that’s tzat

tzatziki

I am a sauce person. I love all condiments, all the time. I just don’t understand people who choose not to dip their food when a dipping sauce is offered (looking at you, Derek!)… One of the great things about living in a diverse community is the plethora of ethnic eating options. One of our favorites is kabobs. I’ve already written about shawarma, but we also have tons of other neighborhood kabob places. An especially good place, Moby Dick’s, serves their kabobs with a delicious yogurt sauce, similar to tzatziki. It’s pretty simple, and is a great accompaniment to the grilled meat and fluffy pita bread.

shredded cukes

Tzatziki is a Greek dip, but is also served in other cuisines including Turkish and Persian. Made with yogurt, cucumber, and herbs and spices, it is a refreshing condiment equally delicious on grilled meat or served as a dip for vegetable crudite or pita bread. I usually make it with fat free Greek Yogurt, but you can be a bit more decadent and use full-fat. The addition of sour cream gives the dip a little more body and tang. And don’t skimp on the dill– you have to use the fresh stuff for the full effect.

all in the bowl

tzatziki sauce
printer-friendly recipe
adapted from Barefoot Contessa
makes about 2 cups

ingredients:
1 hothouse (English) cucumber
14 ounces plain Greek yogurt
1/4 cup sour cream
1 tablespoon white or red wine vinegar
2 tablespoons freshly squeezed lemon juice
1 1/2 teaspoons minced garlic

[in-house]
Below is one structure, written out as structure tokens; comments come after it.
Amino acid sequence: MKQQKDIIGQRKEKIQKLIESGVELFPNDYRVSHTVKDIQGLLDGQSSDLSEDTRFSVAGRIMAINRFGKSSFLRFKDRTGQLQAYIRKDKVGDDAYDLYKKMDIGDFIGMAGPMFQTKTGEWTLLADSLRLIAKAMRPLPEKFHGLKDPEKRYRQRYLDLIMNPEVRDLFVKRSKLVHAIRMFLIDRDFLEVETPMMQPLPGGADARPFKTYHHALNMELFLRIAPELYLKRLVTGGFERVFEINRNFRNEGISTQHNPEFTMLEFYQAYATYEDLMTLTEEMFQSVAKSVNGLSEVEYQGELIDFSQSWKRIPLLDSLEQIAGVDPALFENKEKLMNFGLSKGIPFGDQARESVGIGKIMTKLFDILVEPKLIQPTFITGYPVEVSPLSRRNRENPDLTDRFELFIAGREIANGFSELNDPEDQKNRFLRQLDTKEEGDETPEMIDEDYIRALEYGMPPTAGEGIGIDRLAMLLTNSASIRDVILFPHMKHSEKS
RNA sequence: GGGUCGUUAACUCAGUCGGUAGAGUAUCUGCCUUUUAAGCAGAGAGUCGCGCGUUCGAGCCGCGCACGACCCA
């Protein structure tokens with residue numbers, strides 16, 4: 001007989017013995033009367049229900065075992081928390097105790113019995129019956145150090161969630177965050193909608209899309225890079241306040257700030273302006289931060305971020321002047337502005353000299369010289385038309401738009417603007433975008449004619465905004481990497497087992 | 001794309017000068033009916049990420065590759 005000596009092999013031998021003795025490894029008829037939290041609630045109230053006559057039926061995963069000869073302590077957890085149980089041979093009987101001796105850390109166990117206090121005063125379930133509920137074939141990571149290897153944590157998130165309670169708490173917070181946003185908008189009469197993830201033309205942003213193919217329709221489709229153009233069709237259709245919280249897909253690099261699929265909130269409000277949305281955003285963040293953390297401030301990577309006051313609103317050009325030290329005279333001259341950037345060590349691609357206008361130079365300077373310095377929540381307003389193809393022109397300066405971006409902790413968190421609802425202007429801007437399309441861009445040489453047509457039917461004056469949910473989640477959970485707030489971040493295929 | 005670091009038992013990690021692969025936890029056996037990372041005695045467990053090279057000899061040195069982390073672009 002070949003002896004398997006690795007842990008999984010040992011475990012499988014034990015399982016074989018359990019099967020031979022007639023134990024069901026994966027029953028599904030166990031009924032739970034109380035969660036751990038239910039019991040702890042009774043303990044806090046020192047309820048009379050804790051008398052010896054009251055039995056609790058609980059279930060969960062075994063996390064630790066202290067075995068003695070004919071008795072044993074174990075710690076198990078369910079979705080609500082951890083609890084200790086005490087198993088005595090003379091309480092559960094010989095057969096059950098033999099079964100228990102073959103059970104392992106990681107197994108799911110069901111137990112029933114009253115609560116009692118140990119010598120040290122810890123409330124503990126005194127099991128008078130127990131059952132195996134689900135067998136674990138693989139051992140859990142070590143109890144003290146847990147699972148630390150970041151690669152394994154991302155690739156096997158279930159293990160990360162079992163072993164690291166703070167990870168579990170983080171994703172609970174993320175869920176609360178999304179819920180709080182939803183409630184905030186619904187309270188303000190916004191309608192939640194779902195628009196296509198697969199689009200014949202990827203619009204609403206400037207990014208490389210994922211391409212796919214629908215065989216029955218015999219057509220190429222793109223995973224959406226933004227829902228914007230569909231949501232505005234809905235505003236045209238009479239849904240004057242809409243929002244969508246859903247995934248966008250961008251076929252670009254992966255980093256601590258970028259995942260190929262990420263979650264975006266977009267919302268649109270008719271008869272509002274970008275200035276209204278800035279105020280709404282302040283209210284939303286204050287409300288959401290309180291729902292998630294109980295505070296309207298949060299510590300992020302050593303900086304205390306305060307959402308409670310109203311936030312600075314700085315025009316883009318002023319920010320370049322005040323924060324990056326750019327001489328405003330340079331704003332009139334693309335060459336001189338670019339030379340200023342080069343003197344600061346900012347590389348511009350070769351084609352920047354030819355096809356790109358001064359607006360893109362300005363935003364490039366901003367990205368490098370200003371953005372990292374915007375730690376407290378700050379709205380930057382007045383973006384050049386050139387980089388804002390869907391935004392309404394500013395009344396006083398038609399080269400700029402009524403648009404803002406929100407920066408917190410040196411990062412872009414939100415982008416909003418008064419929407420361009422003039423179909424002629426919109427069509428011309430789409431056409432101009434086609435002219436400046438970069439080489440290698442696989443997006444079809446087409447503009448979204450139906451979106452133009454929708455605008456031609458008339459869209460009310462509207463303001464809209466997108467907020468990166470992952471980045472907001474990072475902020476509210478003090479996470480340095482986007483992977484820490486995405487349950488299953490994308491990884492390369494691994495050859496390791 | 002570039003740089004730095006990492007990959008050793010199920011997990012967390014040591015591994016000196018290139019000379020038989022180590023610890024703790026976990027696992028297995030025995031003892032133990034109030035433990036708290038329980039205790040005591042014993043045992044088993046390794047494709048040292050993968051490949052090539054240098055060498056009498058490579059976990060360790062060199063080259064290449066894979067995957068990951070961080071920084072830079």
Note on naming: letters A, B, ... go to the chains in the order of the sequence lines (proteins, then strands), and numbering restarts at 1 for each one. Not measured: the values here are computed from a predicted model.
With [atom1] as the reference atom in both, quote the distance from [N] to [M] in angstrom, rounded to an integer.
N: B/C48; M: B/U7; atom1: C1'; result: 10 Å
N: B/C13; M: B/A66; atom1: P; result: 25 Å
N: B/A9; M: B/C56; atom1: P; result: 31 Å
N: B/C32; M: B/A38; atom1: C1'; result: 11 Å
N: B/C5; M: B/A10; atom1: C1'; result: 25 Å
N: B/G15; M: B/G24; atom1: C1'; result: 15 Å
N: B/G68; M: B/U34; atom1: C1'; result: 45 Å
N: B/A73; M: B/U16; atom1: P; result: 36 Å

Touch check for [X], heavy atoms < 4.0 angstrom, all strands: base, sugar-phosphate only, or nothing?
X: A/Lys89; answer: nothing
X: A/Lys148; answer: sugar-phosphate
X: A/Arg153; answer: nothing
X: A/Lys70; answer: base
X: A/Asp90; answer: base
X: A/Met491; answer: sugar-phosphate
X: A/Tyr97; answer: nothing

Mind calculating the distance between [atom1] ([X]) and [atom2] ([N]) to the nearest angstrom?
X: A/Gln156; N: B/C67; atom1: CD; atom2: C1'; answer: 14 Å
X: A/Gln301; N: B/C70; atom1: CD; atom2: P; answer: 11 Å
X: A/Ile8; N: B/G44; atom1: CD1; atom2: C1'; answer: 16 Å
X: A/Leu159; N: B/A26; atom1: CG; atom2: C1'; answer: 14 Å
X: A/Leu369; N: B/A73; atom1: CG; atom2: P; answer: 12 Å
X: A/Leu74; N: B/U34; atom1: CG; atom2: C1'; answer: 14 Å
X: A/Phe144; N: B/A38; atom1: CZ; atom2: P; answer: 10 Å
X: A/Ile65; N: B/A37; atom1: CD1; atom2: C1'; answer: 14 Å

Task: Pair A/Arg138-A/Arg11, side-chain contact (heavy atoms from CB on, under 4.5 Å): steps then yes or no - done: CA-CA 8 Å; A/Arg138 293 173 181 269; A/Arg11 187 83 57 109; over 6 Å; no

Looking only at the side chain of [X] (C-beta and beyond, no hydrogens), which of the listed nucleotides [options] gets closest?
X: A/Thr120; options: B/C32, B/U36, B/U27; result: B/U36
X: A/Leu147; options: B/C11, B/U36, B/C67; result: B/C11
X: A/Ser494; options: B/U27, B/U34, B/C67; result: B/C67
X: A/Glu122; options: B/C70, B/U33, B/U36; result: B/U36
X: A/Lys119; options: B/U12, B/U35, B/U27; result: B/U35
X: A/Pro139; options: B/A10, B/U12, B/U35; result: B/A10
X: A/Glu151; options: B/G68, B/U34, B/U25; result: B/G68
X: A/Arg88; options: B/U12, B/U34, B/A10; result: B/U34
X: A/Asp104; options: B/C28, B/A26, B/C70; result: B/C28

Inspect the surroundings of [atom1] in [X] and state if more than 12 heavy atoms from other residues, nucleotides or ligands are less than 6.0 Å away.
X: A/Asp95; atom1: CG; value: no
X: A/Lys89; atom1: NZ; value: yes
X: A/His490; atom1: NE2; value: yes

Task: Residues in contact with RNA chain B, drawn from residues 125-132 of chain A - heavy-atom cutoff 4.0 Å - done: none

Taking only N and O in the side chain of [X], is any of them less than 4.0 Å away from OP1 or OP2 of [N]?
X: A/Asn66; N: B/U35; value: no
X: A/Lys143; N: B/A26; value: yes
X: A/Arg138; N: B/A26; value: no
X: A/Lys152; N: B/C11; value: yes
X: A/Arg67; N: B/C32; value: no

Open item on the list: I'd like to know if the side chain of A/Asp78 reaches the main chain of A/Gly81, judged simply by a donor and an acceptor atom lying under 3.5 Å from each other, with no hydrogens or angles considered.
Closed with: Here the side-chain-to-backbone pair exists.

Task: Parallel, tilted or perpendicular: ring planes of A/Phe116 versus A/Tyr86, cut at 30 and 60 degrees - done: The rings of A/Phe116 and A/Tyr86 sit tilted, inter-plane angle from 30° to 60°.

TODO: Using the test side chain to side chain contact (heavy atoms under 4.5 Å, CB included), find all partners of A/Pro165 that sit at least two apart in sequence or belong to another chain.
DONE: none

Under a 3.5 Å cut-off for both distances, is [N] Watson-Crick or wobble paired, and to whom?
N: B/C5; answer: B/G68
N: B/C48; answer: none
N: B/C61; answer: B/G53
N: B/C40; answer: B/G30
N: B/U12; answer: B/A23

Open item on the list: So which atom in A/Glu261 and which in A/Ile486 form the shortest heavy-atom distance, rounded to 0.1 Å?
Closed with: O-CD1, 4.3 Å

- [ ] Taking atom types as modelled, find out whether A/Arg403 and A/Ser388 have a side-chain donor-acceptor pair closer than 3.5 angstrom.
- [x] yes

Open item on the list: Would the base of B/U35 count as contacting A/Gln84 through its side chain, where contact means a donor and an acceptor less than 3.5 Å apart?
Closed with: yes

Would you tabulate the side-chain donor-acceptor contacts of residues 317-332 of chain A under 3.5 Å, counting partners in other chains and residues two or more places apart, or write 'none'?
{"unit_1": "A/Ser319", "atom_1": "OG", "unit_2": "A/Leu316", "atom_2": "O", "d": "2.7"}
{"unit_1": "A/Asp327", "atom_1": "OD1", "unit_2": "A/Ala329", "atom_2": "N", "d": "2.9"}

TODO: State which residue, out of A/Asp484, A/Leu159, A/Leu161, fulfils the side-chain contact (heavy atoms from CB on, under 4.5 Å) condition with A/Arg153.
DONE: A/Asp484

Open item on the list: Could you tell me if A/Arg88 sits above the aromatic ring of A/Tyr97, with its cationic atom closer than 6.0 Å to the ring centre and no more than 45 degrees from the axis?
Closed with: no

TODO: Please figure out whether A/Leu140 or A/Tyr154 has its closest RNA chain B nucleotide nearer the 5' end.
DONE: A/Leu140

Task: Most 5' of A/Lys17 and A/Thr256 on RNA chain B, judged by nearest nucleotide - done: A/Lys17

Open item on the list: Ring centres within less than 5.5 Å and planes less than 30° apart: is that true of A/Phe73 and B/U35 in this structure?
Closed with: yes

1 tablespoon minced fresh dill
2 teaspoons kosher salt
1/2 teaspoon black pepper

directions:
Grate (use a box grater or food processor) the cucumber and squeeze as much liquid from the cucumber as you can and add it to the yogurt in a medium bowl. Mix in the sour cream, vinegar, lemon juice, garlic, dill, salt, and pepper. Serve chilled or at room temperature.

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This entry was posted in appetizer, condiment/sauce, meatless monday, snack, vegetarian and tagged , , , , . Bookmark the permalink.

2 Responses to that’s tzat

  1. Cassie says:

    I never use dill or any fresh herbs when I cook (im cheap). My tzatinki still comes out great but maybe next time I’ll try it with fresh dill.

    • jane says:

      I love fresh herbs but hate buying big bundles when I only need a little bit– we have a small herb garden that usually works for most recipes… But i think fresh dill in this tzatziki really makes a difference!

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